Everyone handles loss and memorializing their loved ones differently. But we all share a common sentiment: we find comfort in the rituals passed down from our respective cultures. However, the way memorials are portrayed in the media would have you think there’s only one way — a somber traditional funeral, with a casket, and an all-black dress code. In reality, there are many ways to celebrate a life well-lived. In fact, memorial ceremonies can range from somber to boisterous — sometimes even joyful and vibrant events. Traditional burial ceremonies are just one option in a sea of rituals and traditions from cultures all around the world.
We’ll dive into some of the traditions and rituals that people observe below.
Mourning allows us to grieve the loss of a loved one and reflect on the memories you shared together. Many cultures have traditions for this period of mourning so that friends and family can share their grief. Below we’ve listed some of the ways that people around the world mourn the loss of a loved one.
The customs of an Irish wake began centuries ago when people were often mistaken for dead when they were actually in a catatonic state (often brought on by contaminated water.) Traditionally, their loved ones would watch over them to see if they would “wake” before moving forward with funeral arrangements. Loved ones would perform special rituals to ward off evil spirits and protect the body, and those sitting with the deceased would often pass the time by entertaining each other with stories and games.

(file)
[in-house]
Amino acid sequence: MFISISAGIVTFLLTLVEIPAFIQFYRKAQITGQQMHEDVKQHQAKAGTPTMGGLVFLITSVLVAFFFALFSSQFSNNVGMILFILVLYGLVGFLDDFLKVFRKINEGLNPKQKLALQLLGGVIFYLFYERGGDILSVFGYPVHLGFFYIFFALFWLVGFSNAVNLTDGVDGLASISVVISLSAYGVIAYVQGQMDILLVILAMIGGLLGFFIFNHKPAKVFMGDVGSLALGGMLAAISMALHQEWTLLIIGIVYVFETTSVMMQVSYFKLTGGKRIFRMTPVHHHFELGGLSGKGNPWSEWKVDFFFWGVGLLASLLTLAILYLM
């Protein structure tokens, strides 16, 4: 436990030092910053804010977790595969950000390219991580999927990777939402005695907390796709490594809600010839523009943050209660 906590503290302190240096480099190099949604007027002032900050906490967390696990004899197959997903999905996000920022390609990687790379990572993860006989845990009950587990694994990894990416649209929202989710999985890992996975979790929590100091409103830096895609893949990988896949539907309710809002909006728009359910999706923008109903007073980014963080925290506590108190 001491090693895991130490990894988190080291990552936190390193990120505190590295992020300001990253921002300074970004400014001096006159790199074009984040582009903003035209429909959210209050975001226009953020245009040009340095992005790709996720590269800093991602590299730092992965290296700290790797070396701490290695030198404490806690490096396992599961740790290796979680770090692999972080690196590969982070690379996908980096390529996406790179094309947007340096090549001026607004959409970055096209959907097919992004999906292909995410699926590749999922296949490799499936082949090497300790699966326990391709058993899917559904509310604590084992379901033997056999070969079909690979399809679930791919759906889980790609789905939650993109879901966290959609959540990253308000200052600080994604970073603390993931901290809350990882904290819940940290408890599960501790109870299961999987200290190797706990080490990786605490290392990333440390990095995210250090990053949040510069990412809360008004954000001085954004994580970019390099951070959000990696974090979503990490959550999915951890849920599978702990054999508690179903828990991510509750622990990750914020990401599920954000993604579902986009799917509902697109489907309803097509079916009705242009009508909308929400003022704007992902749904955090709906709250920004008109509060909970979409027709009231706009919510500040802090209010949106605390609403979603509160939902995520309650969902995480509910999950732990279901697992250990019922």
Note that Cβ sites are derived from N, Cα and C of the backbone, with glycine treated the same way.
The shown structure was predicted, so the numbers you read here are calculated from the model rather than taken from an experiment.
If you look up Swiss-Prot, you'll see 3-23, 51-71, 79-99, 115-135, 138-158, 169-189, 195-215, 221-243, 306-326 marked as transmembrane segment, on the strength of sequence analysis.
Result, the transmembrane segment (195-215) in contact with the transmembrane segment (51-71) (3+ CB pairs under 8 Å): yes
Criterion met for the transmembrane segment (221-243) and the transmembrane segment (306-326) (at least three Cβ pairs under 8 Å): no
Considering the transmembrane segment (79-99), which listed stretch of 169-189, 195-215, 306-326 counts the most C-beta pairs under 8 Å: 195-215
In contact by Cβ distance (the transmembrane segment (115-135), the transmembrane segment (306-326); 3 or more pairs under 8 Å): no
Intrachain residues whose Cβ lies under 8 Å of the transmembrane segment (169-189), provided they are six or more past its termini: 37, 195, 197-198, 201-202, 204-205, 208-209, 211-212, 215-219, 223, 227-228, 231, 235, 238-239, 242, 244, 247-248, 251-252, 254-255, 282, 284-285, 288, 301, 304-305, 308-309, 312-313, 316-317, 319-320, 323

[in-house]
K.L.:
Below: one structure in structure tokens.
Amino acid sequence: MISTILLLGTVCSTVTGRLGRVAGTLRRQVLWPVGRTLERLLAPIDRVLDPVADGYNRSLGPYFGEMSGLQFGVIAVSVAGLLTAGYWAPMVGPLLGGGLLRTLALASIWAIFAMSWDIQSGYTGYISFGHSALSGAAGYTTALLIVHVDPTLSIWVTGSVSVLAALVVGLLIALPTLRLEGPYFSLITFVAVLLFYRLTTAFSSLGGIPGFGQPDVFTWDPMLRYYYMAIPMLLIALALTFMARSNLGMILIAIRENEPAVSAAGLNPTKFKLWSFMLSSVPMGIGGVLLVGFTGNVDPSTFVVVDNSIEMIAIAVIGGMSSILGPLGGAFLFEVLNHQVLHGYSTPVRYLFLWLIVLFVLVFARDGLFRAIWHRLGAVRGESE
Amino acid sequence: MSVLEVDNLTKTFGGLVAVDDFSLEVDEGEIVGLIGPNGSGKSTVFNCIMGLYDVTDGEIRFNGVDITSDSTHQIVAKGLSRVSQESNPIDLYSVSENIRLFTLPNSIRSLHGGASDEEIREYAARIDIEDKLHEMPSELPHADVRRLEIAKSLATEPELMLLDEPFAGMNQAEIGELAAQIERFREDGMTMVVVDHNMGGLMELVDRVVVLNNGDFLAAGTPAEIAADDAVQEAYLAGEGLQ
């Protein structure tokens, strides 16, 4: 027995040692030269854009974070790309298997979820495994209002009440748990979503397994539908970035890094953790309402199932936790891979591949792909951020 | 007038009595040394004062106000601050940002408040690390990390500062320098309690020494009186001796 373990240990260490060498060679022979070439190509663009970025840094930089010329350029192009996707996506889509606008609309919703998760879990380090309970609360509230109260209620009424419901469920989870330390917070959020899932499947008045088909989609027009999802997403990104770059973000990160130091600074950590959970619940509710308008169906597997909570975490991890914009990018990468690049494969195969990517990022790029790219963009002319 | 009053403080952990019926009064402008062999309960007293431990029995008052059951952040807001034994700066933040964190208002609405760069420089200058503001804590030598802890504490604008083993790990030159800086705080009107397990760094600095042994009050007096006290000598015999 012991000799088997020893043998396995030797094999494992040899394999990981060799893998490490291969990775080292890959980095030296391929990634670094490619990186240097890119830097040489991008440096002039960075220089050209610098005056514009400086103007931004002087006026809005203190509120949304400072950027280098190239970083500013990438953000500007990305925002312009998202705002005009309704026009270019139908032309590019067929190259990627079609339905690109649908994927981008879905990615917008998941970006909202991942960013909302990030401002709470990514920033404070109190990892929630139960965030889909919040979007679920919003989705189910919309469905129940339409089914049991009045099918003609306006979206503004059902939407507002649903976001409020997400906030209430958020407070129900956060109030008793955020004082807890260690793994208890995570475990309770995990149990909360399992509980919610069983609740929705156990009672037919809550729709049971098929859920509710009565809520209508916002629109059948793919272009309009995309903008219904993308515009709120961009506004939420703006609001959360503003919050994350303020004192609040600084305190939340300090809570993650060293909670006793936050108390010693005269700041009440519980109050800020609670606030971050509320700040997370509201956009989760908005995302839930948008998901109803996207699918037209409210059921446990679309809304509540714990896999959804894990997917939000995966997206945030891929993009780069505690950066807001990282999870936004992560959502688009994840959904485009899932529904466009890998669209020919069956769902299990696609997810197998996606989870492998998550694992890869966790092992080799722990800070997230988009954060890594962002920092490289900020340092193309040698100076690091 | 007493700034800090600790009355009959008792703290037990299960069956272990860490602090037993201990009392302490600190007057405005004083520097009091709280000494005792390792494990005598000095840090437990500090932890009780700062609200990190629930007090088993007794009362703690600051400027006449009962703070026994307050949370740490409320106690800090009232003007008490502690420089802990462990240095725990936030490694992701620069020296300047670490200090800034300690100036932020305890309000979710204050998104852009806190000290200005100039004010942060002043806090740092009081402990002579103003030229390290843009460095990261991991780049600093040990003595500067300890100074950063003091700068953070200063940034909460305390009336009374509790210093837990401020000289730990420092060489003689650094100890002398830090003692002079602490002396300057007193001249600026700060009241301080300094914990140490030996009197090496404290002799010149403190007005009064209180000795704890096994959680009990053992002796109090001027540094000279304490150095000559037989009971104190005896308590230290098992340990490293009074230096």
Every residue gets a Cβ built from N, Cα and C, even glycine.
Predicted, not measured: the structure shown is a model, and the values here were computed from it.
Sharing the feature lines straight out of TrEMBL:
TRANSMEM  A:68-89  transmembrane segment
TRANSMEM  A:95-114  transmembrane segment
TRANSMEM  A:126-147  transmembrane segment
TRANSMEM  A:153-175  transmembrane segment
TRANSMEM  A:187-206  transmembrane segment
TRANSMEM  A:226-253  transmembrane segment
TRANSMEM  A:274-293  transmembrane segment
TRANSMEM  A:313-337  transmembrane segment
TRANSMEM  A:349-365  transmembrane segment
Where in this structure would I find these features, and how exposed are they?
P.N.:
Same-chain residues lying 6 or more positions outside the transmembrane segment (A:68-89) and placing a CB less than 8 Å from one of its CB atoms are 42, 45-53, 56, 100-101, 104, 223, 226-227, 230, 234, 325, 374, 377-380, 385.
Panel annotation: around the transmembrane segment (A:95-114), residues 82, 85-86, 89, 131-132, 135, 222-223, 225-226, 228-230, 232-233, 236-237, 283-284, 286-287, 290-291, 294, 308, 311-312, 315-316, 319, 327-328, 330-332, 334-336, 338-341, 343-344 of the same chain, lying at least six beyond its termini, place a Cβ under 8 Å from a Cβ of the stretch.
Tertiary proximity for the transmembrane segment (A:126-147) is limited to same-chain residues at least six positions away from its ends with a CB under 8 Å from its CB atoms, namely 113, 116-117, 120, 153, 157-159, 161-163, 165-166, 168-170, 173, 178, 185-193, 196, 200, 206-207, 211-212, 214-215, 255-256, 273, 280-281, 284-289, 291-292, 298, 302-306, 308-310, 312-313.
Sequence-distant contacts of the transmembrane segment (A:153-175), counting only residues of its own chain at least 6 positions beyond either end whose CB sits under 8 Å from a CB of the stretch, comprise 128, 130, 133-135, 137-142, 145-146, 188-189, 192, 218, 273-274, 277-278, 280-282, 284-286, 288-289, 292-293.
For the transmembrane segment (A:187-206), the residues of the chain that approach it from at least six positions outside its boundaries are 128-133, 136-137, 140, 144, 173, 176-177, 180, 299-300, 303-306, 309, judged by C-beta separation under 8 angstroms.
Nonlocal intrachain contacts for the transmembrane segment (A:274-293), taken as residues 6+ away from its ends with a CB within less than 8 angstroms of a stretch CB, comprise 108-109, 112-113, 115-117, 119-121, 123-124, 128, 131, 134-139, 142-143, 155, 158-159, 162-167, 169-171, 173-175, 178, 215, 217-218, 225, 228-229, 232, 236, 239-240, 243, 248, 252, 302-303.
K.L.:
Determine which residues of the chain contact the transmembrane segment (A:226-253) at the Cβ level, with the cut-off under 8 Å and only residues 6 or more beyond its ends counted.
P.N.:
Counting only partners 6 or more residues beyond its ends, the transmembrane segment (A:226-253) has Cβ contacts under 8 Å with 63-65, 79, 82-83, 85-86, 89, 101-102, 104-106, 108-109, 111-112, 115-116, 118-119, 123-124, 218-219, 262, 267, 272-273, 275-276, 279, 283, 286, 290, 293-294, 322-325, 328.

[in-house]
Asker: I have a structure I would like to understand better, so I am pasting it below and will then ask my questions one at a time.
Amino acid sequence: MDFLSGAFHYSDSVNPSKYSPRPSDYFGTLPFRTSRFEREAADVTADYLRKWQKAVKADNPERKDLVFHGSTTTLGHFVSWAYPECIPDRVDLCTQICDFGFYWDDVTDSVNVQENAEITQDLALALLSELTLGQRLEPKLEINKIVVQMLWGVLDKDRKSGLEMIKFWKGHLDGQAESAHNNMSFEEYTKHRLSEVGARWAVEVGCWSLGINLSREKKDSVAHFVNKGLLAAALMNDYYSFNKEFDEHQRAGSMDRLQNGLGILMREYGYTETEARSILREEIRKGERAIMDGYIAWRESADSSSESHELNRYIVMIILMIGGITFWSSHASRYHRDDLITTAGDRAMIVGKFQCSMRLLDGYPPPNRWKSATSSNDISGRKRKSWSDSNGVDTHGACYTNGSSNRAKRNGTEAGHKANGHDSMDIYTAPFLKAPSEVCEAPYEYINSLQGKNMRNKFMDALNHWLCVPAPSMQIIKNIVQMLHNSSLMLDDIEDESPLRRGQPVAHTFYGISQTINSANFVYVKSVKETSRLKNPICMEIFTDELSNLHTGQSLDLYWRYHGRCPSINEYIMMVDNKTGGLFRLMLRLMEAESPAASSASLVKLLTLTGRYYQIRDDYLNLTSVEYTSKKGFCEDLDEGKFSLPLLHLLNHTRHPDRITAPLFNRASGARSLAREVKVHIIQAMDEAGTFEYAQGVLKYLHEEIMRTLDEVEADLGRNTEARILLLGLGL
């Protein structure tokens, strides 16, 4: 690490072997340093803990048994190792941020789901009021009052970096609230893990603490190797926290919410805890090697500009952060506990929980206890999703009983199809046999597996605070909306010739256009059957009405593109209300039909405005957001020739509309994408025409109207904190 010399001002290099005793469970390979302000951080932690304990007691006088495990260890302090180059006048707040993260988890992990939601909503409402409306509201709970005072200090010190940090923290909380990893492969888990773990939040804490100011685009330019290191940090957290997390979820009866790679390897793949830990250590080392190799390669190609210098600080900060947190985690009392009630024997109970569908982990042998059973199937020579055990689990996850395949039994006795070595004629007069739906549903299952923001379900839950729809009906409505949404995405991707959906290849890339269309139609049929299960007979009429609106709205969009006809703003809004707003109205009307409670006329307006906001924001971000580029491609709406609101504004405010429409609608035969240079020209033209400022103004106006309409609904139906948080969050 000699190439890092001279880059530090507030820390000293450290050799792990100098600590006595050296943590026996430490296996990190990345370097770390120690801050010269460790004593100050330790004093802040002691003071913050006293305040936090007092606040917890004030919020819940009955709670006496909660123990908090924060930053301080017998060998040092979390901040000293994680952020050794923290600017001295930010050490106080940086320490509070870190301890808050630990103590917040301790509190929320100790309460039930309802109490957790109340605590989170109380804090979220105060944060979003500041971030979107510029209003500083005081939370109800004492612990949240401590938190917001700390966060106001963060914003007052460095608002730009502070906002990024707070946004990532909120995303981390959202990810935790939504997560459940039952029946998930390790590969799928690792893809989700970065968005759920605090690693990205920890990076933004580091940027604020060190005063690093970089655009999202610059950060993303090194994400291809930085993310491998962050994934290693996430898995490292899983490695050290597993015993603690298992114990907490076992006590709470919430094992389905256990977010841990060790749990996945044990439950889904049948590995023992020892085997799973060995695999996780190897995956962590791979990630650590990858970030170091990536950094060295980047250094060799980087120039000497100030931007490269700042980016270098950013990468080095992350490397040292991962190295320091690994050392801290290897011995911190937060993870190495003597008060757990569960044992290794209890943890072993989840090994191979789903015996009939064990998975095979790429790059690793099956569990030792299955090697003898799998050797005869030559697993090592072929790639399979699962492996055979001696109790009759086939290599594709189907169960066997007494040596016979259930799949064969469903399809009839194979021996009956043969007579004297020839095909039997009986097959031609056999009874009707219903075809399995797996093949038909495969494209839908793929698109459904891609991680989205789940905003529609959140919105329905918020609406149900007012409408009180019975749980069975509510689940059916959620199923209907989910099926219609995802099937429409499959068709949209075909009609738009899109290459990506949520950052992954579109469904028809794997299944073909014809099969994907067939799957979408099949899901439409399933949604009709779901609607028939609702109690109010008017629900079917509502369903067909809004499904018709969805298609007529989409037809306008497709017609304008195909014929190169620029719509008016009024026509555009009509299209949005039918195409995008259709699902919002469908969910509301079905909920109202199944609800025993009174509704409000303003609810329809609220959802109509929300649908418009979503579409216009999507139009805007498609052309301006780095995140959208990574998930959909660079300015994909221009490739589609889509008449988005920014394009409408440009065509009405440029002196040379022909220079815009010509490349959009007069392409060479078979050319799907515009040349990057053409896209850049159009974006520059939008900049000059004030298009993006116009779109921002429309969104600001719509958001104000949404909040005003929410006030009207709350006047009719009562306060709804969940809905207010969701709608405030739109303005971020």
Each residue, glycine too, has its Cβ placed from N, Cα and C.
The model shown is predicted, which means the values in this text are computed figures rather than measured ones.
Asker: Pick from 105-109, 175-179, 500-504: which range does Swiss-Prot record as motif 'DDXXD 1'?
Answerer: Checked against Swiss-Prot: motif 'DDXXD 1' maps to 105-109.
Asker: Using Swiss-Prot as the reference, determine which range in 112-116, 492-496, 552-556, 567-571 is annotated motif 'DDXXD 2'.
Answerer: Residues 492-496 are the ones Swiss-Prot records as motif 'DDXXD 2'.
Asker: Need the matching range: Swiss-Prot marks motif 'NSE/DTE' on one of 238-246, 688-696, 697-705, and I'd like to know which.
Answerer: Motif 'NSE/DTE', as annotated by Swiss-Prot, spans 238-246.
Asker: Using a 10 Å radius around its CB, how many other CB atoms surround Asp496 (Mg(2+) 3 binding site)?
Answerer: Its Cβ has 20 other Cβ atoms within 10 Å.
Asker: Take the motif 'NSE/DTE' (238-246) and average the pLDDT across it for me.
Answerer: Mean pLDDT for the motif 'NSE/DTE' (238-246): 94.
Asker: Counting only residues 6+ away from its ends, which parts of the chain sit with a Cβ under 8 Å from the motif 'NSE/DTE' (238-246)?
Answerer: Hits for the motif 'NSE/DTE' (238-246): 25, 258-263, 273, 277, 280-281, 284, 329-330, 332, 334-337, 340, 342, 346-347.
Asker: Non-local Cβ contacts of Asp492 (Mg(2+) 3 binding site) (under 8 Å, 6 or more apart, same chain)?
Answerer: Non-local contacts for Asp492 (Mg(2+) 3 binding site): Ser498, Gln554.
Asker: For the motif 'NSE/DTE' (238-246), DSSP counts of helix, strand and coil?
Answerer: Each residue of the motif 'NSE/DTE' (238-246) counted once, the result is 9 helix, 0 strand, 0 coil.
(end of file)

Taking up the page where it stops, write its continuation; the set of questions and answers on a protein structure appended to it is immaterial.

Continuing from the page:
Over time, wakes evolved into a memorial celebration of life, where mourners recant fond memories and stories of the departed, often toasting with a glass of whiskey. An Irish wake allows friends and family to share memories and grief, so that they may carry on….
The Jewish tradition of sitting shiva dates back to biblical times. Traditionally, for seven days after a loved one has been laid to rest, the immediate family remains at home and takes time to process their loss. Over the course of the week, family and friends visit to offer their condolences and support. The week spent at home allows the family to mourn during this initial period of grief, sharing special memories and creating new ones together.
Some families may choose a shorter period to sit shiva, but the goal remains the same — to mourn, memorialize, and begin to accept their loss. Sitting shiva is a beautiful tradition that allows families to share comfort in one another while processing the death of a loved one.
Funeral ceremony traditions
Most funerals that we see in the media are a somber event, but death doesn’t have to warrant an all-black dress code. Funeral plans can be peaceful — or even full of laughter and joy. Below are a few unique funeral traditions celebrated around the world.
Jazz Funeral, New Orleans
The vibrant and unique culture of New Orleans is like nowhere else, and this is vividly demonstrated by the tradition of jazz funeral processions. The tradition usually begins with a band leading mourners from a church to the cemetery, playing dirges as they progress to the final resting place.